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Schools could more easily boot disruptive students under bill advancing in Ky. Legislature

Three adults sit at a desk in a legislative committee room. Microphones are in front of them and they are dressed in suits.
Jess Clark
Teacher Kumar Rashad, Bill sponsor Timmy Truett and Rockcastle County Schools Superintendent Carrie Ballinger share their thoughts on House Bill 538.

Kentucky teachers would find it easier to remove disruptive students from their classrooms under a bill that advanced out of the House Education Committee Tuesday morning.

House Bill 538 requires districts to use expulsion for more kinds of student violations, and it allows schools to move “chronically disruptive” students to virtual instruction or other alternative settings.

Republican Rep. Timmy Truett, an elementary school principal from McKee and sponsor of the bill, said the measure would “empower teachers to control what happens inside their classrooms.”

Truett cited testimony from educators earlier this year who said student behavior is a major contributing factor to the state’s teacher shortage, along with low pay and a lack of respect from politicians, students and community members.

“Obviously this does not address the pay,” Truett said. “But it does address the support and the respect.”

Under current state law, schools are allowed to expel students for a number of infractions, including selling drugs and physically assaulting other students and educators on school property or at a school event.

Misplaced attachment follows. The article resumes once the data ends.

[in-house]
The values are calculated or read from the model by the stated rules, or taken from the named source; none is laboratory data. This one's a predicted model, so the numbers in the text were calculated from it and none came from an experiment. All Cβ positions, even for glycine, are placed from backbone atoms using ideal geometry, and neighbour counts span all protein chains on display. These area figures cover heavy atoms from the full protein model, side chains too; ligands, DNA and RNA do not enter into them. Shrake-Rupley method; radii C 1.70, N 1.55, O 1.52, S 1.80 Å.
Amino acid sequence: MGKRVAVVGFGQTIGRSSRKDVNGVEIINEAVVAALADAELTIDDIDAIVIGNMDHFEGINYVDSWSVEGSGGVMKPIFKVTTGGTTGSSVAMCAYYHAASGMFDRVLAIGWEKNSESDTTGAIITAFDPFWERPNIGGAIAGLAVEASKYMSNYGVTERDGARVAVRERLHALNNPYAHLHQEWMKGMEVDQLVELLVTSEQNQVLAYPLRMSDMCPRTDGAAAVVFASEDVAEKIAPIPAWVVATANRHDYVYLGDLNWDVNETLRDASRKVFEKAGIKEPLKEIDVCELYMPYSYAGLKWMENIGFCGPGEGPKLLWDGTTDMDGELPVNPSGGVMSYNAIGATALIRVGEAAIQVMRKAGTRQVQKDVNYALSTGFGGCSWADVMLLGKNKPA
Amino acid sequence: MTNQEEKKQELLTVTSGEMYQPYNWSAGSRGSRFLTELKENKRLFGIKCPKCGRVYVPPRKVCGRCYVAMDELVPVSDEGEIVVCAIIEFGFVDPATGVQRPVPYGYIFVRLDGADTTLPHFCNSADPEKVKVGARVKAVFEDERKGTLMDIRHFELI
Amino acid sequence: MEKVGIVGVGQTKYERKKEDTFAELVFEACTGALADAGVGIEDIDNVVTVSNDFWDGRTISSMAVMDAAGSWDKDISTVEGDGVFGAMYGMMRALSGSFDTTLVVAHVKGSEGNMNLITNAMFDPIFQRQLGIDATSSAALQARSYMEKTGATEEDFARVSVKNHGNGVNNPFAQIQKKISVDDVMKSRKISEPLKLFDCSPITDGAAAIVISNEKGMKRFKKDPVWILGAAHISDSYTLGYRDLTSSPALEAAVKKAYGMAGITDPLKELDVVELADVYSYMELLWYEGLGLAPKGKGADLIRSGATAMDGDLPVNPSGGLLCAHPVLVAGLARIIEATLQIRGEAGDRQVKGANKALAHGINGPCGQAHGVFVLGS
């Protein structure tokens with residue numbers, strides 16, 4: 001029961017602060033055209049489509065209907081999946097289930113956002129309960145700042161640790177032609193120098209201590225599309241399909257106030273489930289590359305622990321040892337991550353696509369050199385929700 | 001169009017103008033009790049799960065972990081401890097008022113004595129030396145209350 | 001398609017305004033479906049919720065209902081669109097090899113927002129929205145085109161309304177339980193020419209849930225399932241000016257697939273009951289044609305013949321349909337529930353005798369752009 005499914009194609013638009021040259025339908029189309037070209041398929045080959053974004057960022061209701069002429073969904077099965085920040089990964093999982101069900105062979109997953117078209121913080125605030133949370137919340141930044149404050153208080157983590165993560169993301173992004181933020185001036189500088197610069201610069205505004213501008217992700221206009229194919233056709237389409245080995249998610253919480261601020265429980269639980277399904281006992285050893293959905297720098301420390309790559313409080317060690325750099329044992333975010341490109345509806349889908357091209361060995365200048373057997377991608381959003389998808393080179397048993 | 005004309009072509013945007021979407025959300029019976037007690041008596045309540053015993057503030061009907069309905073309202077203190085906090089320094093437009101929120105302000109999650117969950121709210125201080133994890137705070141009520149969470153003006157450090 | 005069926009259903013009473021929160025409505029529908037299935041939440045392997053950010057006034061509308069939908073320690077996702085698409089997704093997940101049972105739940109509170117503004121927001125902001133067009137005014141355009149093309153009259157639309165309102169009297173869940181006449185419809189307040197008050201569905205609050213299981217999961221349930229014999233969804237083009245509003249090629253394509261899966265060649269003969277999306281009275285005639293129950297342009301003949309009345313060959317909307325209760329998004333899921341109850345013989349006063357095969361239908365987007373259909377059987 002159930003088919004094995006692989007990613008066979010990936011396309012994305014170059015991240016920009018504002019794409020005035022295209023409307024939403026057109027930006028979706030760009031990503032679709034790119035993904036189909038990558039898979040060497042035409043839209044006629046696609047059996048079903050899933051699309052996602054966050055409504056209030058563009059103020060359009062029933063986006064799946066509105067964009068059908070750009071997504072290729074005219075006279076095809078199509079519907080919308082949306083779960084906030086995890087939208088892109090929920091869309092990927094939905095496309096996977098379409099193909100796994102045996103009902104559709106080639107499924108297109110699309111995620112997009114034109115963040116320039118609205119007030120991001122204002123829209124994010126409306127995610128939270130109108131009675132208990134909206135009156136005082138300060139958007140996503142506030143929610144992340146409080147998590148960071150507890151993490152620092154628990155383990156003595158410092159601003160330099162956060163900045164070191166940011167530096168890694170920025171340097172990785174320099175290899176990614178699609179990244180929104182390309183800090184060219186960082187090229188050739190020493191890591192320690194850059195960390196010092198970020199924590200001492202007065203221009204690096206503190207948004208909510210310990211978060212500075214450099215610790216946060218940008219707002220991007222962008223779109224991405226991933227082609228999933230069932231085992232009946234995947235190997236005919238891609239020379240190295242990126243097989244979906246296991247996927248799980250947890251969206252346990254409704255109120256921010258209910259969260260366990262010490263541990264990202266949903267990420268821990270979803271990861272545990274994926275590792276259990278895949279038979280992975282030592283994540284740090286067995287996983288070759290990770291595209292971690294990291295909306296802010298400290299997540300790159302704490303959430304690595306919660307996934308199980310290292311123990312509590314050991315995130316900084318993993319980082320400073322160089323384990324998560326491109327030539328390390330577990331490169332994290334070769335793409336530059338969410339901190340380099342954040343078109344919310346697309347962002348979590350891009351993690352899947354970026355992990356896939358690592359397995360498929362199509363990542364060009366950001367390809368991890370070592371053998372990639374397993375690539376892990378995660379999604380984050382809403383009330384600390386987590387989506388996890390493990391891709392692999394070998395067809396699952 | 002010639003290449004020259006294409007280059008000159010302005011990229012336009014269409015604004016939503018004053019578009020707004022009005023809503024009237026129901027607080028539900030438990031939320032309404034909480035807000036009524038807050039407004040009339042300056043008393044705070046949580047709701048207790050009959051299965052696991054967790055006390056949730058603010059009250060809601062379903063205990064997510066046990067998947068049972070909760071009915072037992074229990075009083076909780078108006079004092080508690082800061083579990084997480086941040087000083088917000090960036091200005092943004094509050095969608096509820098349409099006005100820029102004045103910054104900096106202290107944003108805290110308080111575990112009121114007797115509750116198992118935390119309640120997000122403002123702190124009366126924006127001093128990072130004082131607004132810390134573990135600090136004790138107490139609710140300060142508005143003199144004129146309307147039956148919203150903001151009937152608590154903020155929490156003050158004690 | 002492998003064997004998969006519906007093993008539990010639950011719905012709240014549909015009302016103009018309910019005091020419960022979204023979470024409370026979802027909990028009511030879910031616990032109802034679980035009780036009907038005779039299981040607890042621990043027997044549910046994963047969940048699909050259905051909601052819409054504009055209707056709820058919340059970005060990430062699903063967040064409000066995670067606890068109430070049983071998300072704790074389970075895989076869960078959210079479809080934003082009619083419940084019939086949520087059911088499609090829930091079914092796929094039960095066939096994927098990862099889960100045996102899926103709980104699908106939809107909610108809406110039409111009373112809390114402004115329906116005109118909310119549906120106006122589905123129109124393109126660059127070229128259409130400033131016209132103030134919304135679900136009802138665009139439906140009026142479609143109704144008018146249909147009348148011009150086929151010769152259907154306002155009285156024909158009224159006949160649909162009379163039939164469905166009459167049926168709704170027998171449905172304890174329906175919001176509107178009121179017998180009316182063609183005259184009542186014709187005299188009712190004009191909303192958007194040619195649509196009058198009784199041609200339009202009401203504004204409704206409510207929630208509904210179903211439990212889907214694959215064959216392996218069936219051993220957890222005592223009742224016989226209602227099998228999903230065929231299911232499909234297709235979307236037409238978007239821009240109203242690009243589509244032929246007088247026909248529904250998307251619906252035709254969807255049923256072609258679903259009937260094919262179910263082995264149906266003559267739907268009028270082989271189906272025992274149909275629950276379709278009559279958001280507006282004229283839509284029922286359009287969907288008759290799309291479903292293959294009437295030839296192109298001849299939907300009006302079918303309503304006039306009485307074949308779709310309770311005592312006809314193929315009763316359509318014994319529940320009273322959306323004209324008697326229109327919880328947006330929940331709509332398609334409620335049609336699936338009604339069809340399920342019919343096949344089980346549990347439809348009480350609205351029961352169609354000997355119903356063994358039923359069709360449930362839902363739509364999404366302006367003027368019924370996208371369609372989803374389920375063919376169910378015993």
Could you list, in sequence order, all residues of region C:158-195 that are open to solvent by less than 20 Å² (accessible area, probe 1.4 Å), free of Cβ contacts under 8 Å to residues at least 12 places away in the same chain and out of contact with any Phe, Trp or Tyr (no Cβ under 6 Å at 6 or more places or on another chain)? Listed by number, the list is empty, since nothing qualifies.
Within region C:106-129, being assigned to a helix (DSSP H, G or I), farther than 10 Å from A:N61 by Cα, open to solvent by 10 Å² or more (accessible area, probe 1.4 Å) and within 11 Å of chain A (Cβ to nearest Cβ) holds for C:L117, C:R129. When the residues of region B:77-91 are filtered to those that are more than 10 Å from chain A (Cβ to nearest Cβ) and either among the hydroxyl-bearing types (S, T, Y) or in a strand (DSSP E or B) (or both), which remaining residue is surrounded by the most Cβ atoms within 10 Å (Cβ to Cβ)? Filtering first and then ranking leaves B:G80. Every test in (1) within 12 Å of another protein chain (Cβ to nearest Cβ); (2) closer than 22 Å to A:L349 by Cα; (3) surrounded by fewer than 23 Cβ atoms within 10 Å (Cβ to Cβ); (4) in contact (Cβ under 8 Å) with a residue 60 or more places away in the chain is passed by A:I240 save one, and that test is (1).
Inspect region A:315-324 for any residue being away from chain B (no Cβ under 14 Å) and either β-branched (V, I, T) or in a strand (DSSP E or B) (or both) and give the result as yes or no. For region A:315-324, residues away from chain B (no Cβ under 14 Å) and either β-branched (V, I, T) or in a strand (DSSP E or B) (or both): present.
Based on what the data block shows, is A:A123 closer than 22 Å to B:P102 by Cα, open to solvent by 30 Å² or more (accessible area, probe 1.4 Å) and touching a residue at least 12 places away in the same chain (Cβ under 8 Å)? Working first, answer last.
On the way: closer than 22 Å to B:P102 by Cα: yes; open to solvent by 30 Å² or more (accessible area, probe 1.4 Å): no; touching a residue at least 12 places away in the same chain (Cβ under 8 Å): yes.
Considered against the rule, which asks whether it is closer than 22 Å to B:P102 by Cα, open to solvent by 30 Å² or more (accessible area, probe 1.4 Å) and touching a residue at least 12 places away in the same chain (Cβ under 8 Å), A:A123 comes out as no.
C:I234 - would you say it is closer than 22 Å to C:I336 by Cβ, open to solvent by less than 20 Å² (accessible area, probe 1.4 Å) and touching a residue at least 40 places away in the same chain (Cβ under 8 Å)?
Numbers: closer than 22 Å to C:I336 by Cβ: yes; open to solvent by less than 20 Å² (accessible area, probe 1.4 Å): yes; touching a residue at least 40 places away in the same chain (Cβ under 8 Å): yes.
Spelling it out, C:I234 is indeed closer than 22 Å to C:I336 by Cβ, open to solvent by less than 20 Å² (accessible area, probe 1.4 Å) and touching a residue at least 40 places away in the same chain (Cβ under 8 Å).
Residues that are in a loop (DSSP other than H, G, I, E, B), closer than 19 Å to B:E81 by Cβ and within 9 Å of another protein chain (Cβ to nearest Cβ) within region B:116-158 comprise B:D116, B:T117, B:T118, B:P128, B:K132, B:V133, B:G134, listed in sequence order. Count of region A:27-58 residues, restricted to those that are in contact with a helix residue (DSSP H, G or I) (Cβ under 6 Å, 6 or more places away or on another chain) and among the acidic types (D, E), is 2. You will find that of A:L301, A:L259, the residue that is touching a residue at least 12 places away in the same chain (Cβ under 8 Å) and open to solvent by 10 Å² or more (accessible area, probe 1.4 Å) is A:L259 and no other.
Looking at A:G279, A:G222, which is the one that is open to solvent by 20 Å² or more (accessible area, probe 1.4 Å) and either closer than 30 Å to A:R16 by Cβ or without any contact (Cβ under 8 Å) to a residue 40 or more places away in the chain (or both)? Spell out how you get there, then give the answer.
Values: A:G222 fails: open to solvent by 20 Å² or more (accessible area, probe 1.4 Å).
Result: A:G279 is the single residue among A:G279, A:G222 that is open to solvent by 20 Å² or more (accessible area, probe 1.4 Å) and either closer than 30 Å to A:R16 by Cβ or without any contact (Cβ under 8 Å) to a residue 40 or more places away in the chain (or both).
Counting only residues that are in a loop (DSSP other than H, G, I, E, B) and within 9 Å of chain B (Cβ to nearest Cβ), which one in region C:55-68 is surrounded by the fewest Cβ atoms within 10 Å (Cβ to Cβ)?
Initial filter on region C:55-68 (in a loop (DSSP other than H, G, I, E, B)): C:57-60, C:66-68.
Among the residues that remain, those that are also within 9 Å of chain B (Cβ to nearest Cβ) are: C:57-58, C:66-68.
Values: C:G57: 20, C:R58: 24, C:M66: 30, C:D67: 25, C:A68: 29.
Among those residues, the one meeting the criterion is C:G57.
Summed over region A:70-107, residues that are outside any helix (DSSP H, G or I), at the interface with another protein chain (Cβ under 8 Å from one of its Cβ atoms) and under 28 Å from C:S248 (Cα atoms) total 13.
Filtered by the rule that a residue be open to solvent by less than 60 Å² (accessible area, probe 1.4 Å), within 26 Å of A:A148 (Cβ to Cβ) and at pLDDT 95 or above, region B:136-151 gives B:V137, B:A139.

The only time schools are required to use expulsion is if the student brings a weapon to school.

Truett’s measure would require a year-long expulsion for students who make “threats that pose a danger to the well-being of students, faculty or staff of the district.”

For lesser behavior policy violations, the measure allows schools to move students to virtual settings in lieu of expulsion for up to a year or more.

“Ultimately we don’t want to expel kids,” Truett said, “but this bill will open up that opportunity of using virtual as an option as opposed to a student being chronically disruptive inside the classroom.”

Rockcastle County Schools Superintendent Carrie Ballinger testified in support of the measure. She described a recent string of incidents in which a middle school student with severe behavioral challenges forced another student to drink perfume and assaulted a bus monitor.

“I could expel that student, but I’m not certain that that’s the best option,” she said. “Because what happens a year later when that expulsion is complete and that student comes back into my school district?”

Ballinger said the bill would allow for a “soft landing” for students to ease back into school after an expulsion through alternative placement or virtual learning.

“This bill also would allow me the option not to expel the student…I could have the option therefore to place this student on virtual instruction, making certain that I am able…to continue monitoring this student,” she said. “It gives me options.”